If a teenager is released from prison and immediately returns following his parole, who has failed? Is the parolee failing to change, or is the system failing to help?
The Illinois Department of Juvenile Justice reported last year that 86 percent of Illinois youth who are released from prison end up returning within three years. It seems very possible, given this incredibly high rate, that the current juvenile jail and parole system is not effectively preparing kids for successful reintegration after prison. The state of Illinois is now piloting a program in Cook County to provide additional support outside of traditional parole to address this issue.
Aptly named Aftercare, the program offers counseling and help for youth to improve school achievement and overcome drug dependence. Parole officers typically only check on parolees as a way of making sure they are not doing anything they shouldn't. If an adolescent is given an Aftercare Specialist, that person is not only checking up on the parolee but also identifying what kind of help s/he needs—from drug counseling to transportation to school. The Specialist then works with a youth and family advocate who can use community connections to make the determined assistance possible.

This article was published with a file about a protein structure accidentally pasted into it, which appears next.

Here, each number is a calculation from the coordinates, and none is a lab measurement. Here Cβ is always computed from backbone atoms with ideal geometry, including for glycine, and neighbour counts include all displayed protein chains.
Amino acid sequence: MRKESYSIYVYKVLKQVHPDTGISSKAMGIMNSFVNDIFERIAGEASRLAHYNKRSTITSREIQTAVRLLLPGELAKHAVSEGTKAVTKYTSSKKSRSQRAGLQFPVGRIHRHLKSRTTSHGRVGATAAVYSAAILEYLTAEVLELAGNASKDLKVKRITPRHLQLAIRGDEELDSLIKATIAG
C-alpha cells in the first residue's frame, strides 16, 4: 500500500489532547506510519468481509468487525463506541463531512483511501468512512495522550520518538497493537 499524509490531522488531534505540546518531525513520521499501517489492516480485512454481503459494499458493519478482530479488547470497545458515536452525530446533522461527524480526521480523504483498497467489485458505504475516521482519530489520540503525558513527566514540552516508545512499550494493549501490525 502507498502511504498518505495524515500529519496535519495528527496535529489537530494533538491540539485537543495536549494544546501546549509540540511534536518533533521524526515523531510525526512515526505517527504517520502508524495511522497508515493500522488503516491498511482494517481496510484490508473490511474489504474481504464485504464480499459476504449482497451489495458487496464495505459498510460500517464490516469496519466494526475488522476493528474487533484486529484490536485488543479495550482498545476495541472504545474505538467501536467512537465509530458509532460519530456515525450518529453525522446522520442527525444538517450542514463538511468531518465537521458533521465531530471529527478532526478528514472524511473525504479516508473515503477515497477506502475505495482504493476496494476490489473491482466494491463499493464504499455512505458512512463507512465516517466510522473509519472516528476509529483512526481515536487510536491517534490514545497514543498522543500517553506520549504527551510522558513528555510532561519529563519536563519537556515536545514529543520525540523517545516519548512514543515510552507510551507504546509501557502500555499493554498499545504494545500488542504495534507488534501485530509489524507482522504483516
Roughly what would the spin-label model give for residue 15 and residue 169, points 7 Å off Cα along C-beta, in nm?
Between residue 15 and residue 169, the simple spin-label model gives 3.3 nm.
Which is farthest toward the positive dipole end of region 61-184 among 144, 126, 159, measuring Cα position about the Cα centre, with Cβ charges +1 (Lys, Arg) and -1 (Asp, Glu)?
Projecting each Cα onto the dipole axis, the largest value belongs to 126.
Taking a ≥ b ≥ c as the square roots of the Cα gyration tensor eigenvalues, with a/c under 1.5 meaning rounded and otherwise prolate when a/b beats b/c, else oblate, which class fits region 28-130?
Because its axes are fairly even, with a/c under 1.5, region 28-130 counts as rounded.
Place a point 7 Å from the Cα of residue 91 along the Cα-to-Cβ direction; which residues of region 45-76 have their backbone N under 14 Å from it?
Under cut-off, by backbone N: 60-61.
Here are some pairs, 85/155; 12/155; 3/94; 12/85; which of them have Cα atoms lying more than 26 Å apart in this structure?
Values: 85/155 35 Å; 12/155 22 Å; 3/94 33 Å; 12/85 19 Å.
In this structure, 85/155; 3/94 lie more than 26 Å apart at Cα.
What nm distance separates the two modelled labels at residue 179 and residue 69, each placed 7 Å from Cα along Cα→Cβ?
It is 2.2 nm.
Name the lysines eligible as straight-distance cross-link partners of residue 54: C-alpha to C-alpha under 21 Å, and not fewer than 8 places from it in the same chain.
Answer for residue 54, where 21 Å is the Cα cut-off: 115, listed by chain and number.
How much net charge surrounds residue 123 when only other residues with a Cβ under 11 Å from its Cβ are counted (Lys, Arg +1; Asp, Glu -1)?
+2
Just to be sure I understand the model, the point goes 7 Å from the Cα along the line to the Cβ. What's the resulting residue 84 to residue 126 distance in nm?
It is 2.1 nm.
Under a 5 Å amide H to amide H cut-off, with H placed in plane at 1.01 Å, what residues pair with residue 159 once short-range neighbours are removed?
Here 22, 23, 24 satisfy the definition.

While it sounds promising, unfortunately the program has seen little success in the three years since beginning its pilot. While state officials are eager to expand the program, perhaps some improvements should be made before that happens. In the planned expansion, for example, the support of the local specialists who are responsible for coordinating their network of help would not be involved. Without that, Aftercare Specialists will be overburdened by unrealistic case loads, a similar problem experienced by parole officers. In any case, the need for help is known, and there is hope that a solution is on the way.